In the right circumstances, students can also meet actual patients. There is even an American doctor who takes large student groups in to dying patients. With a lot of respect, sensitivity and caution, this has led to moving encounters that are unforgettable for the students and relatives who are present.
The Palliative Care Institute is arranging its first international conference in November, on the best care for dying patients. One of the presentations will be about how one can know – or accept – when the end is near.
“Health care staff often realise when the end is near. However, it can be difficult to turn that insight into altered care with fewer interventions and more conversation. Tests, ambulance transfers and drips are often continued to the last, although patients and their relatives would probably find it more helpful to prepare calmly for death”, says Carl Johan Fürst.
Text: Ingela Björck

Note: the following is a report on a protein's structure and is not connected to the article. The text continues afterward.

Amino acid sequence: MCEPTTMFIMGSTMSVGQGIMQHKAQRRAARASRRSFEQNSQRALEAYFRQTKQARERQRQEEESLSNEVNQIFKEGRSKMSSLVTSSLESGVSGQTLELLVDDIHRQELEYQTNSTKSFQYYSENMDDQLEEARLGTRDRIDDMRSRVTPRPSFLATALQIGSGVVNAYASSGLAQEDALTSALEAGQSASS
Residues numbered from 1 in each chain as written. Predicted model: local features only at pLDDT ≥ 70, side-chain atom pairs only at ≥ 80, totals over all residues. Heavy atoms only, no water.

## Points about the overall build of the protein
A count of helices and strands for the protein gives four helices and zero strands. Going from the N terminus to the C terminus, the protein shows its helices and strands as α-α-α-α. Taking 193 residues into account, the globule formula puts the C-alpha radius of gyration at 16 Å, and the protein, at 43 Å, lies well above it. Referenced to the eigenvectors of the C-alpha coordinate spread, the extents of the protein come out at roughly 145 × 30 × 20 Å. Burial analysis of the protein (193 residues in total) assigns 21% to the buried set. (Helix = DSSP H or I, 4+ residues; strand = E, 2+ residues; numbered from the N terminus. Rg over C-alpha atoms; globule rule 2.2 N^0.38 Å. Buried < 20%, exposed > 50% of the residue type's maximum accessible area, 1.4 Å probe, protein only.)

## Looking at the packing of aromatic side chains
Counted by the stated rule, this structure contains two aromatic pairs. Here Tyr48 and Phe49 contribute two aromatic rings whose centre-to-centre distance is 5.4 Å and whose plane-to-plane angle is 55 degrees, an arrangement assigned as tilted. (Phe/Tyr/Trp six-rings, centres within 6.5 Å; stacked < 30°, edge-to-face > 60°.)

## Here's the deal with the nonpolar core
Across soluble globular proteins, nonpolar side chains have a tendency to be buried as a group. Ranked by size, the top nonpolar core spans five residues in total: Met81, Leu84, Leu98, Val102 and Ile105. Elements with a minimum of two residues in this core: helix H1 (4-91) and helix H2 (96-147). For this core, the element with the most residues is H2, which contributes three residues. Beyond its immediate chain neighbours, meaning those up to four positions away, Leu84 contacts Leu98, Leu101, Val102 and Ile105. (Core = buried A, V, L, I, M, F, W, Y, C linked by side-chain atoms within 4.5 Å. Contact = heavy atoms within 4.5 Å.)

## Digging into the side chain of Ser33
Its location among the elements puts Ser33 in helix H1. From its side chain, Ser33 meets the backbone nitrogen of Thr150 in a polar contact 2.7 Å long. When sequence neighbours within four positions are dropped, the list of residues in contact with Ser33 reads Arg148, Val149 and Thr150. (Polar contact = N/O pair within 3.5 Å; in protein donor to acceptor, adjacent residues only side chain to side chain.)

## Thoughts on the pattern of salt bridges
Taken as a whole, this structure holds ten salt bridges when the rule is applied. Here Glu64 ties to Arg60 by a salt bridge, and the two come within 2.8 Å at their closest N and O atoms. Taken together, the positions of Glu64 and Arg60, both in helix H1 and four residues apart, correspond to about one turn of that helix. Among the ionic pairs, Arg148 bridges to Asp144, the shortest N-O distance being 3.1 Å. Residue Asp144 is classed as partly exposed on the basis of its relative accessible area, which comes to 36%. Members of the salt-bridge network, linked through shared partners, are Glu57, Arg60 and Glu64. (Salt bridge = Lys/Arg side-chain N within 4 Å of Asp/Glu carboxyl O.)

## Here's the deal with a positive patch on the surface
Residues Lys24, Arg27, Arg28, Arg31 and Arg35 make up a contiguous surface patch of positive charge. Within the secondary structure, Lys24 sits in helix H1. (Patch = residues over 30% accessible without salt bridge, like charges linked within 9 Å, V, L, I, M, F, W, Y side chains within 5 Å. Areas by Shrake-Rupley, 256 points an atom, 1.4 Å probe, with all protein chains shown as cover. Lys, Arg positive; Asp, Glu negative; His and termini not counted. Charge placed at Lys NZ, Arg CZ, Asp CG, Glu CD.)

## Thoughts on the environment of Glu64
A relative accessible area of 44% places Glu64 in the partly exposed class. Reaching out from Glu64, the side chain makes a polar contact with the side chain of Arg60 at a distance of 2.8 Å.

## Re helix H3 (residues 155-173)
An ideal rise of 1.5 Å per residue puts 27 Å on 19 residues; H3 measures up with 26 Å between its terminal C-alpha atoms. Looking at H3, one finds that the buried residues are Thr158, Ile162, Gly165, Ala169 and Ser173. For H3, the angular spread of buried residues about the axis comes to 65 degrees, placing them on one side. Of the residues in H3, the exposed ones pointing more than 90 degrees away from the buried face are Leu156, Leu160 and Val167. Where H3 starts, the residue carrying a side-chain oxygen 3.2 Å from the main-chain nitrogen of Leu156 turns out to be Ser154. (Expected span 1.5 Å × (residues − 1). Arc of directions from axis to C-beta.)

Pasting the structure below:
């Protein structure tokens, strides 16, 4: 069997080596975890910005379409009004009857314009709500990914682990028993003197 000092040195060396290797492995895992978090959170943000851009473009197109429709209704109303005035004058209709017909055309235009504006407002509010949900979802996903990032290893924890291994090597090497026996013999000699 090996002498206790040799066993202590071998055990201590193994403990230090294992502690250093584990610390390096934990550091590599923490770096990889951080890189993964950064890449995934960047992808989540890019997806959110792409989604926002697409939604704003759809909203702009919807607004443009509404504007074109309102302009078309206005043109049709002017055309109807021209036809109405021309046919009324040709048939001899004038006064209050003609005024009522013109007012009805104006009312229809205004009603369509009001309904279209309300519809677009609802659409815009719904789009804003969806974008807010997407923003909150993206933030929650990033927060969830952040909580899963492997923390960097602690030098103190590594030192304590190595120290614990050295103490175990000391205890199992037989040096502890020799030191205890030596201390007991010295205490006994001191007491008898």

Photo: Gunnar Menander
More information about the Palliative Care Institute can be found at www.palliativtutvecklingscentrum.se.
Facts about PALLIATIVE CARE
Palliative care focuses on managing pain, nausea and other symptoms and meeting the psychological and existential needs of patients and relatives. The focus of the care is on supporting the patient’s quality of life at the end of life. In Sweden, specialised palliative care is provided in hospices and in the form of advanced home nursing services.
The origin of modern palliative care is usually traced back to 1967, when St Christopher’s Hospice opened in London to care especially for dying patients. In Sweden, palliative care began to be developed during the 1980s, in particular in Östergötland and Stockholm. Nowadays, palliative care is available in all regions, although to different extents.
Carl Johan Fürst was recently awarded the 2014 Håkan Mogren Medical Prize for “his ongoing contribution to human health and wellbeing”. The prize was awarded by Karolinska Institutet and comprises a certificate and personal prize money of SEK 250 000. Before coming to Lund, Carl Johan Fürst worked at Radiumhemmet, Stockholms Sjukhem and the Department of Oncology and Pathology, KI.